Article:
It shouldn't ALL be up to some guy, keeping you company through the shit, holding your hand. I'm married to someone who can do these things, and I still want my girlfriends to do it sometimes, just because I do, because I know that they understand in ways that my husband never will, because they're women. It feels good to have really close friends that can stand to hear snuffling on the phone. I don't do it very often, maybe once or twice a year, but Christ almighty, it's so nice to know that, even when I'm a wreck and maybe I'm being a little bit self-pitying, I can do it if I really need to.

And the close friends who don't cry to me? I tell them sometimes: "You know, you can always call me and just cry into the phone. Sometimes that really helps, so do it if you feel like it. I won't think it's weird at all. As you know. Because. I do it to you. (Sorry.)"

You are pretty great, you know that. Now it's time to try to be not that great at all. Just be average.

And after that? Once you feel relieved by how regular and mediocre and flawed you are, relieved for some weird reason? You'll suddenly find that you want to go on a long walk, just to think. When your mind starts saying "you fucking suck," tell your mind to fuck itself. And then, after the walk, you'll have a cup of tea, and then you'll start cleaning your apartment. You'll reorganize your bookshelves, while you talk on the phone to a friend. You'll buy yourself some flowers.

This is the start of a new era for you. You might be a little less fun to talk to at a bar or at a party, you might have less men around you, but you will be much happier. You now have permission to be exactly the way you are. No matter how ugly you think that is, you are not alone, and plenty of people will find your ugly very beautiful. This is the breakdown you've been waiting for, for a long, long time.

I like you much better already.


8:59 AM

all contents © the rabbit blog 2001-2016

Site Meter

Powered by Blogger



columnist for new york magazine & bookforum, author of disaster preparedness, co-creator of filler for the late, great suck.com

my stuff
my author page
ask polly - ny mag
ny times magazine
the new yorker
the awl

good stuff I wrote
little, green, different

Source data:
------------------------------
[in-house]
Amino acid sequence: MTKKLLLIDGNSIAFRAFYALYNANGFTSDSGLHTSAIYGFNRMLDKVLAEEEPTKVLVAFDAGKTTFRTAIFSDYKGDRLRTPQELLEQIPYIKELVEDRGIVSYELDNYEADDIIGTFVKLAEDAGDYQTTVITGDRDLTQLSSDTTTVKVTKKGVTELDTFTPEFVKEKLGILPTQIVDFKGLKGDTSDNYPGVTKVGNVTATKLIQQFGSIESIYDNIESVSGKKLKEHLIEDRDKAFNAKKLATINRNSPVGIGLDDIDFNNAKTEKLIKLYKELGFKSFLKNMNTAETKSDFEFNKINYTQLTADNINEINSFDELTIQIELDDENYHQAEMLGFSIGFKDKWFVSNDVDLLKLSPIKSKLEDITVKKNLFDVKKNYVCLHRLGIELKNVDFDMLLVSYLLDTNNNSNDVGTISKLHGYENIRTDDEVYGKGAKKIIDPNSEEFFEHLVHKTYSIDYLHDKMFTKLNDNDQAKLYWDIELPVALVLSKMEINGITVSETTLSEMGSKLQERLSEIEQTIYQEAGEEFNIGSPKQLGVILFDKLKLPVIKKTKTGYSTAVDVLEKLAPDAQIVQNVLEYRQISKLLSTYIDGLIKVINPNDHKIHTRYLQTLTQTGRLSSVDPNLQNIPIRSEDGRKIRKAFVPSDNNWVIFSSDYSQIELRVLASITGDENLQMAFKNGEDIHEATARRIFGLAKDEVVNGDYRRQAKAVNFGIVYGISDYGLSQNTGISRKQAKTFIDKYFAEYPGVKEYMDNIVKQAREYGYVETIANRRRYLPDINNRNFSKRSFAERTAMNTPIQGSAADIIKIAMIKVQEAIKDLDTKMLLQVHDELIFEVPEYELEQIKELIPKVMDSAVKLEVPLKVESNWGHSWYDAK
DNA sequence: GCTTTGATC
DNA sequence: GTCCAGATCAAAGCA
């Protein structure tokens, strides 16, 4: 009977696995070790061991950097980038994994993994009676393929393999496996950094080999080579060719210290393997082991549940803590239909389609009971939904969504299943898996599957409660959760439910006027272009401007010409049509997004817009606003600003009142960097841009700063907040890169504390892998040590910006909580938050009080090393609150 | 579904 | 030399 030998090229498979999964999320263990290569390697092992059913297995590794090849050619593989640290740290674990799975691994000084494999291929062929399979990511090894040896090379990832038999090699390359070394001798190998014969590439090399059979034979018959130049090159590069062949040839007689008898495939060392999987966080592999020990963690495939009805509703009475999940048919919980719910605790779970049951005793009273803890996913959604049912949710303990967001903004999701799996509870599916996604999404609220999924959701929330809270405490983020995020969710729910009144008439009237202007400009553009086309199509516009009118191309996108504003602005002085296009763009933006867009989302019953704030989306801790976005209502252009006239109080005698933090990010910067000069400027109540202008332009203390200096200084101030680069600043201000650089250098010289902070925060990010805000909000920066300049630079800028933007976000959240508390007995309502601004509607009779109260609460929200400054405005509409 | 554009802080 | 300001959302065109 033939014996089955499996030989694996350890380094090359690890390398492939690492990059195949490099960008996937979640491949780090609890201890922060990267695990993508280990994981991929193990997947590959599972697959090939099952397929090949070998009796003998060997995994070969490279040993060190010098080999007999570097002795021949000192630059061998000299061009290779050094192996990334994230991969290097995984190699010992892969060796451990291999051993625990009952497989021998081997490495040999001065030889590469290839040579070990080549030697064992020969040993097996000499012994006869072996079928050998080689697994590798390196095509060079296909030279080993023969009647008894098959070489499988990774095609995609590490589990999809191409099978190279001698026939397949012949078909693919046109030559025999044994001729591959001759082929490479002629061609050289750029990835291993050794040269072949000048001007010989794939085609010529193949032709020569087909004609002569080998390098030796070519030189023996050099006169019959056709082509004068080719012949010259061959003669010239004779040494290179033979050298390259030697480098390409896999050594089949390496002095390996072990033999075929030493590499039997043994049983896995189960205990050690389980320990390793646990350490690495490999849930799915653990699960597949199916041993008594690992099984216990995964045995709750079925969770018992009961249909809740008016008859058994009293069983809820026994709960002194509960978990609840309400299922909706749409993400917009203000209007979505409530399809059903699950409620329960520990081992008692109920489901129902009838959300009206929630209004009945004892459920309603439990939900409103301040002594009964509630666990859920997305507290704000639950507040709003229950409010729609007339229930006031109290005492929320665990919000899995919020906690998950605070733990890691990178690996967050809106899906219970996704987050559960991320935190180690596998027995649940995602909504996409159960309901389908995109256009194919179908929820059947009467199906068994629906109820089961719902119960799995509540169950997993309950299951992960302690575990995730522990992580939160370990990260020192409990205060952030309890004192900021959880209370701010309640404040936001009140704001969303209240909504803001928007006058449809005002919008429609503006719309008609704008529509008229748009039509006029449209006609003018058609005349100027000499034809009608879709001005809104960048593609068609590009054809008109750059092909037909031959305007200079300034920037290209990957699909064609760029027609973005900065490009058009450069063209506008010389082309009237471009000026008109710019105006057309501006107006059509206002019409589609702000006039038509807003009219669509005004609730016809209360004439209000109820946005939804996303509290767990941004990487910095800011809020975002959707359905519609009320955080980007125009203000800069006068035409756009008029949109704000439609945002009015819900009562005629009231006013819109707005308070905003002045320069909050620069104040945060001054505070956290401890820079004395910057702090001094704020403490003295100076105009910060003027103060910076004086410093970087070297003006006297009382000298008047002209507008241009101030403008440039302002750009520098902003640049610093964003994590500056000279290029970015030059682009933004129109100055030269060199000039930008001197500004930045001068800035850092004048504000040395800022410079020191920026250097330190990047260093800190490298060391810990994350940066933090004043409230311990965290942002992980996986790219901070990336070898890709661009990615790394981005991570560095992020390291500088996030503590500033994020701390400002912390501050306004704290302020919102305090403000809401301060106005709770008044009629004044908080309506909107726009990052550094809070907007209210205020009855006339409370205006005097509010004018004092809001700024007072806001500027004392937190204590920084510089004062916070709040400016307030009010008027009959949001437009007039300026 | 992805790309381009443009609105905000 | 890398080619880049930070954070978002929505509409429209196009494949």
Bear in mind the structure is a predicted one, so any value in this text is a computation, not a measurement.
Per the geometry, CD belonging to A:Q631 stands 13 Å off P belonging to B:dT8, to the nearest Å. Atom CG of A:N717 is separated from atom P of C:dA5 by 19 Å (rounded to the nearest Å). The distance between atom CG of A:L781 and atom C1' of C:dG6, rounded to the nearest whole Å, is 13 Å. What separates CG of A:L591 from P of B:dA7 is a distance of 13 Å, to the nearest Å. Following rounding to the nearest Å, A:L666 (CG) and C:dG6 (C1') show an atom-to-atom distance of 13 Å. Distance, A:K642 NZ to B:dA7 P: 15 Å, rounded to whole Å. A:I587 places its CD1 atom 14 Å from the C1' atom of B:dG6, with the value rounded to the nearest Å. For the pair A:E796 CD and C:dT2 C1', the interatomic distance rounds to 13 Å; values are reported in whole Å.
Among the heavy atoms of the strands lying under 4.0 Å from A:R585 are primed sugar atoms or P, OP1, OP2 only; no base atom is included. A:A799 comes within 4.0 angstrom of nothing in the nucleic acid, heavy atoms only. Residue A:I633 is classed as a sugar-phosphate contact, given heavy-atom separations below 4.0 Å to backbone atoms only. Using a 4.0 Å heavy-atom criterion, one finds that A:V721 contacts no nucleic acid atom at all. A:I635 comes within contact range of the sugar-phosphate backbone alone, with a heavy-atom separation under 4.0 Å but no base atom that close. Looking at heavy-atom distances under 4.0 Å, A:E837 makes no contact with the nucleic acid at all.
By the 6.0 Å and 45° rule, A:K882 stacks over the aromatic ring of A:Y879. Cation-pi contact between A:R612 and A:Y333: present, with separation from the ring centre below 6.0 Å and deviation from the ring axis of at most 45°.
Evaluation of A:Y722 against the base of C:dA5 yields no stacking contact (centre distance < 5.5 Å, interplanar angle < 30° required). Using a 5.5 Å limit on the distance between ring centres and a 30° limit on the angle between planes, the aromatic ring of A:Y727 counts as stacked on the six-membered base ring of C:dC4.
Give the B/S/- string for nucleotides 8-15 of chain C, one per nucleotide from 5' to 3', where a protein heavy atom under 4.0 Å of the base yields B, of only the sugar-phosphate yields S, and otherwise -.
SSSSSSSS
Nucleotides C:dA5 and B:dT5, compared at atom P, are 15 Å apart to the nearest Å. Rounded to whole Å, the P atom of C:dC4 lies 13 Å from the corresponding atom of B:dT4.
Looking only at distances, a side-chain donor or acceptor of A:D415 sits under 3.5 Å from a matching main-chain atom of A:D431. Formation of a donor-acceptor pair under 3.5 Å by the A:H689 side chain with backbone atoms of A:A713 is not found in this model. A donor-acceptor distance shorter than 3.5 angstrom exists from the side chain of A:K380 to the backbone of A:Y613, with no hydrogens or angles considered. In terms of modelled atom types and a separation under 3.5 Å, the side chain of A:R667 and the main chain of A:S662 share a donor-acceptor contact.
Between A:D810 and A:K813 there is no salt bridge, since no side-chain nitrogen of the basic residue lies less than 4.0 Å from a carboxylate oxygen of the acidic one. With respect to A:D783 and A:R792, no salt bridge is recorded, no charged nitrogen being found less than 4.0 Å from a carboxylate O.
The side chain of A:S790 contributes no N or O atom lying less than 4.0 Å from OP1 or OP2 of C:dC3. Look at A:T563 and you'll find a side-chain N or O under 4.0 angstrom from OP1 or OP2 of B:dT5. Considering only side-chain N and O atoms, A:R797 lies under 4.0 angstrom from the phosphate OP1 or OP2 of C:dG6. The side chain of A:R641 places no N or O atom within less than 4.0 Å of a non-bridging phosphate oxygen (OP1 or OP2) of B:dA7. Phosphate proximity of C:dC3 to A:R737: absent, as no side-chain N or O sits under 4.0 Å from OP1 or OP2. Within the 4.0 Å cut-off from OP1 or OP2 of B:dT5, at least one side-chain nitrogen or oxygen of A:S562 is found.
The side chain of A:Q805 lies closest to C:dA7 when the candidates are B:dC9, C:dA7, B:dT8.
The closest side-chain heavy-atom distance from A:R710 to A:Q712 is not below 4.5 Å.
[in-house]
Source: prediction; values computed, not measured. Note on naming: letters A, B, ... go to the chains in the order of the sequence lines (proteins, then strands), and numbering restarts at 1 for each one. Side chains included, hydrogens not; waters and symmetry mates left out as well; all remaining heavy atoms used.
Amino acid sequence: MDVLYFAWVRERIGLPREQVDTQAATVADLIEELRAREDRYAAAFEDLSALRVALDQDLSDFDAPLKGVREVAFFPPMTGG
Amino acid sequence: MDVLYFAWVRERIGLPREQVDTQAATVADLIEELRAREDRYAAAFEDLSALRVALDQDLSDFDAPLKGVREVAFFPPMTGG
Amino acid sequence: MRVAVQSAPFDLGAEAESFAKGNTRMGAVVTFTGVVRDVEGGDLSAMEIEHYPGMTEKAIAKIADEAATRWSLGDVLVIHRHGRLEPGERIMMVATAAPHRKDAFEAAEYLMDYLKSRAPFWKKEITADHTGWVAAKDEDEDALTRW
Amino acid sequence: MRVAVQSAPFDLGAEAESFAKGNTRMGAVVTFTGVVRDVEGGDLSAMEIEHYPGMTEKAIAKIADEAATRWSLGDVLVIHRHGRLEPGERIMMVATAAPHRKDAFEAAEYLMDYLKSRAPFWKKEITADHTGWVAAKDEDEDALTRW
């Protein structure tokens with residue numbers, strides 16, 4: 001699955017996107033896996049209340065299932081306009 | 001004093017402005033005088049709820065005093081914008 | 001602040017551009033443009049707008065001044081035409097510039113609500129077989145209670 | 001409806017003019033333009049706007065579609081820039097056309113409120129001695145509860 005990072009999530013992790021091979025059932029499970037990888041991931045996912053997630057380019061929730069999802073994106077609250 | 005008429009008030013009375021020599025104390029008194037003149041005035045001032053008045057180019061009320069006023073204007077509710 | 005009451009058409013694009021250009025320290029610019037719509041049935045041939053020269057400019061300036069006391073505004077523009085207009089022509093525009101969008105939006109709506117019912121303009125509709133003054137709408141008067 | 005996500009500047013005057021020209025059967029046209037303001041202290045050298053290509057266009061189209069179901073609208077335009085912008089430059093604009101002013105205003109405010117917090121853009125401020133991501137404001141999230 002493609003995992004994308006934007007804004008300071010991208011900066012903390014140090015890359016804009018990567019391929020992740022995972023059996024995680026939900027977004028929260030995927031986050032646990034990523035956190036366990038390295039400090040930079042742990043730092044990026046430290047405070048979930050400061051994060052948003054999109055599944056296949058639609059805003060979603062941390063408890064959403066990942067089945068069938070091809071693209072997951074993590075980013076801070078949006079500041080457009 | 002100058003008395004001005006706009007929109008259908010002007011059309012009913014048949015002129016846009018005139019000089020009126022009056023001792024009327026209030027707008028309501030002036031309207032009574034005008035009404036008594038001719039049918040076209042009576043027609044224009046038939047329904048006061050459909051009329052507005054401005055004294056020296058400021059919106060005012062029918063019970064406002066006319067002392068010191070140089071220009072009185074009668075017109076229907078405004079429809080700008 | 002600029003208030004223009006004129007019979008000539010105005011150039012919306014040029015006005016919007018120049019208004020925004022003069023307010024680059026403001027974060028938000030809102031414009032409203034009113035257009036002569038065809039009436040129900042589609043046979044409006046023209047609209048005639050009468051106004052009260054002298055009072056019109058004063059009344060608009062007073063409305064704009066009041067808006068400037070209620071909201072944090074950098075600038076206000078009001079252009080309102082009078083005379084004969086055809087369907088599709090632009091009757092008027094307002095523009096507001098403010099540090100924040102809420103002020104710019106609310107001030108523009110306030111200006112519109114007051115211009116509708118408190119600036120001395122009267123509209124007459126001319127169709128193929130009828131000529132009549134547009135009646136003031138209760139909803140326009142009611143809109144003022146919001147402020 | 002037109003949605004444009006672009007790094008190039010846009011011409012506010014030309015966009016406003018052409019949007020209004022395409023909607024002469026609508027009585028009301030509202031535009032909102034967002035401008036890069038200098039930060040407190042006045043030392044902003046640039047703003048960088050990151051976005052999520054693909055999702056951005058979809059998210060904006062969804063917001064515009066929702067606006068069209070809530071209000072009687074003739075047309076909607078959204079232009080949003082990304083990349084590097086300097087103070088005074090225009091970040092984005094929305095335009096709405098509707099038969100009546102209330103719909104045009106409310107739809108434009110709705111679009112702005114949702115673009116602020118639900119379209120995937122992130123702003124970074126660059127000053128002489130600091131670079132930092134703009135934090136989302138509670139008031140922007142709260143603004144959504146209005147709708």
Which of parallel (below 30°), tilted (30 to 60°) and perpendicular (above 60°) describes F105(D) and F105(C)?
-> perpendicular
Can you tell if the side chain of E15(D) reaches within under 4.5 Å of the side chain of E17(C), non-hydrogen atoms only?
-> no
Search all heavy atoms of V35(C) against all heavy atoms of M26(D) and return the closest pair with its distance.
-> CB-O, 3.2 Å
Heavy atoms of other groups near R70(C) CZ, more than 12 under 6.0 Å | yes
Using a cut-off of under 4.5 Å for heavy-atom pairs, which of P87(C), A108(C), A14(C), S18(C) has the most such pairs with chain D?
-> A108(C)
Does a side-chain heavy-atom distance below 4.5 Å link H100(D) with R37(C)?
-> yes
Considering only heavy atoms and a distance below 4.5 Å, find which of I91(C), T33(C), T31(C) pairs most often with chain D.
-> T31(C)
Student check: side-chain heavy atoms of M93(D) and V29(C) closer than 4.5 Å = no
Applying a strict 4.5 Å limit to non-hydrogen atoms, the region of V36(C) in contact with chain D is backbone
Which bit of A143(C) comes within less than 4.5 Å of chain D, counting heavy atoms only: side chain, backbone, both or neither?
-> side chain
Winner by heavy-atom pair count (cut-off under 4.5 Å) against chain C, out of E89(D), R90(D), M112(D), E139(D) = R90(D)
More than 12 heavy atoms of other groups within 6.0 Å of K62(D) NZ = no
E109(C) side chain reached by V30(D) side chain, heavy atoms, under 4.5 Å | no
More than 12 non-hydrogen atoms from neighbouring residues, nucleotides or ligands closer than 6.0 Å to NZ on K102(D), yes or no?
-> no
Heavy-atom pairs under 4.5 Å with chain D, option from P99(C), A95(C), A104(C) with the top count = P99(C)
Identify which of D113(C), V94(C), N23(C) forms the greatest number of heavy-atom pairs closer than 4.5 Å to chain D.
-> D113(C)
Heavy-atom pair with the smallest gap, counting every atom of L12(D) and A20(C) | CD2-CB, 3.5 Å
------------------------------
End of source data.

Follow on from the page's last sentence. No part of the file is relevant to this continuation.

mother of dragons
how to contact the author
the doctor is in
how to write
tech's bubble boys
dance, damn it
stop blaming jaws
pop starships were meant to fly
crazy women
the fun parts
one ring to rule them all
home alone
apocalypse now
aaron sorkin branches out
long distance runaround
50 shades of mad
dallas, new & old
twirling girls
abe the vampire slayer
the mommy trap
pa shoots bear!
sopranos vs. the shield
lost in the rat maze
zombies vs. vampires
suffering parents
the dimbulbs of entourage
the divorce delusion
friday night lights vs. glee
game of thrones needs light
president trump
your highness
feel your anger!
nuclear experts weigh in
super-sized ambition
healing powers of the apocalypse
oscars & extreme ambition
beware personal branding disorders
lady (oh!) gaga
"hoarders" cured my hoarding
real brand managers of nyc
climates of intolerance
in dog we trust
faster, pregnant lady!
mothering heights
gen x apology
recessionary bending
expecting the worst
an excellent filler
more filler

paris review
the rumpus interview
emusic interview
nice nytimes review
newer laist interview
laist interview
la weekly interview
ojr interview
barrelhouse interview

some random old stuff
hen & bunny
childless whore


write to rabbit, damn it!

october 2001
november 2001
december 2001
january 2002
february 2002
march 2002
april 2002
may 2002
june 2002
july 2002
august 2002
september 2002
october 2002
november 2002
december 2002
january 2003
february 2003
march 2003
april 2003
may 2003
june 2003
july 2003
august 2003
september 2003
october 2003
november 2003
december 2003
january 2004
february 2004
march 2004
april 2004
may 2004
june 2004
july 2004
august 2004
september 2004
october 2004
november 2004
december 2004
january 2005
february 2005
march 2005
april 2005
may 2005
june 2005
july 2005
august 2005
september 2005
october 2005
november 2005
december 2005
january 2006
february 2006
march 2006
april 2006
may 2006
june 2006
july 2006
august 2006
september 2006
october 2006
november 2006
december 2006
january 2007
february 2007
march 2007
april 2007
may 2007
june 2007
july 2007
august 2007
september 2007
october 2007
november 2007
december 2007
january 2008
february 2008
march 2008
april 2008
may 2008
june 2008
july 2008
august 2008
september 2008
october 2008
november 2008
december 2008
january 2009
february 2009
march 2009
april 2009
may 2009
june 2009
july 2009
august 2009
september 2009
october 2009
november 2009
december 2009
january 2010
february 2010
march 2010
april 2010
may 2010
june 2010
july 2010
august 2010
september 2010
october 2010
november 2010
december 2010
january 2011
february 2011
march 2011
april 2011
may 2011
june 2011
july 2011
august 2011
september 2011
october 2011
november 2011
january 2012

color rabbit illustration
by terry colon

rabbit girl illustration
by terry colon
with assembly by
jay anderson

white rabbit illustration
by loretta lopez

all letters to the rabbit become the property of the rabbit blog